... brilliantly if belatedly gives both women their due ... One of the highlights of Ms. Looser’s compelling biography is her impassioned defense of her subjects’ achievements. She fights in the Porters’ corner against Scott and argues that once his reputation was cemented, it became inconvenient to mention the sisters or their fiction ... Ms. Looser skillfully expounds on the craft, artistry and intelligence that went into each book. She also recounts the real-life experience that the sisters incorporated into their pages, and provides insightful critical appraisals of each novel ... Time will tell whether “Sister Novelists” will galvanize a literary salvage operation that puts the Porters back on the map and their books back on shelves. Perhaps not all of their books would pass muster with modern readers: Ms. Looser talks of sprawling epics, holier-than-thou heroes and moralistic messages. In which case, it might be enough to bring out a selection of the sisters’ vivid and witty letters. Whatever happens, we at least have Ms. Looser’s fascinating account of their 'overtly polite but covertly audacious lives.'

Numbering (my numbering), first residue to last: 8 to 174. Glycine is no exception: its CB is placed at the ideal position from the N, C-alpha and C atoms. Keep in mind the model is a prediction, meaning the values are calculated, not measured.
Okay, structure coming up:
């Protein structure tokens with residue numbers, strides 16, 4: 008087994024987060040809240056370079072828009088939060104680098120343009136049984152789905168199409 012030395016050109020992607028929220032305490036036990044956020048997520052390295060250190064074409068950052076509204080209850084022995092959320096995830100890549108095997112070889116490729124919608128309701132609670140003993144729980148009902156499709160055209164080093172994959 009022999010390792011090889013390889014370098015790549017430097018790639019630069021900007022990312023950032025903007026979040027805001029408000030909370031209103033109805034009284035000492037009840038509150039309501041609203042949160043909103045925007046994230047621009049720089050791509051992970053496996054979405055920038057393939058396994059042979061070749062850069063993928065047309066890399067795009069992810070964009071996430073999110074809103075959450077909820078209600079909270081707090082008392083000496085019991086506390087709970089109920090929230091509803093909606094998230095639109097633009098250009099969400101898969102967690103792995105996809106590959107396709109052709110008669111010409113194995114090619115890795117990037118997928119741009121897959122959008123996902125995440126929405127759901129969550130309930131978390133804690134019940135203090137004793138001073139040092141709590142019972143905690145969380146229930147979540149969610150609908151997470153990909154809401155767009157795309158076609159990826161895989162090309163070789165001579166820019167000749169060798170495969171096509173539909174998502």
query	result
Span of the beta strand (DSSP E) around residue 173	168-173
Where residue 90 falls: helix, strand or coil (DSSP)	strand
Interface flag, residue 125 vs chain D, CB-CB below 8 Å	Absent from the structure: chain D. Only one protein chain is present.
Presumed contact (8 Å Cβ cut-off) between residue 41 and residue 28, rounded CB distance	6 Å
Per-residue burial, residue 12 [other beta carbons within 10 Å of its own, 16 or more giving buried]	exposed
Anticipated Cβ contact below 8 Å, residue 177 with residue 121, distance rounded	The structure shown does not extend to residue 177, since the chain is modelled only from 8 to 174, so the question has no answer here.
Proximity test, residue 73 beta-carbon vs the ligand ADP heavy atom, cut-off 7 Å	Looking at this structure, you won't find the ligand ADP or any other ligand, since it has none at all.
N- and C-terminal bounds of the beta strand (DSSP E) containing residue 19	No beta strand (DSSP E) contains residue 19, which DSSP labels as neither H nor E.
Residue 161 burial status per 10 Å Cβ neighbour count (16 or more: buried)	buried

Looser also draws on their correspondence to offer minutely detailed exegeses of Jane’s and Maria’s tortuous relationships with a parade of men who entangled them in emotionally charged friendships that promised to blossom into love and marriage but never did. How much a reader enjoys these passages depends on the level of their interest in exchanges such as Maria’s with a young painter, Thomas Kearsley, she thinks may be interested in her ... it can be maddening to watch Maria and Jane pining after men who kept them dangling, or waffling over how they really felt about men they ultimately rejected. A little agonized soul-searching goes a long way, and Looser might profitably have made more selective use of the sisters’ atmospheric correspondence ... She is more cogent on the question of why these popular and influential authors are virtually unknown today ... although Looser’s thickly detailed biography could stand to be a little less detailed, it pays overdue tribute to pioneering siblings unjustly neglected by literary history.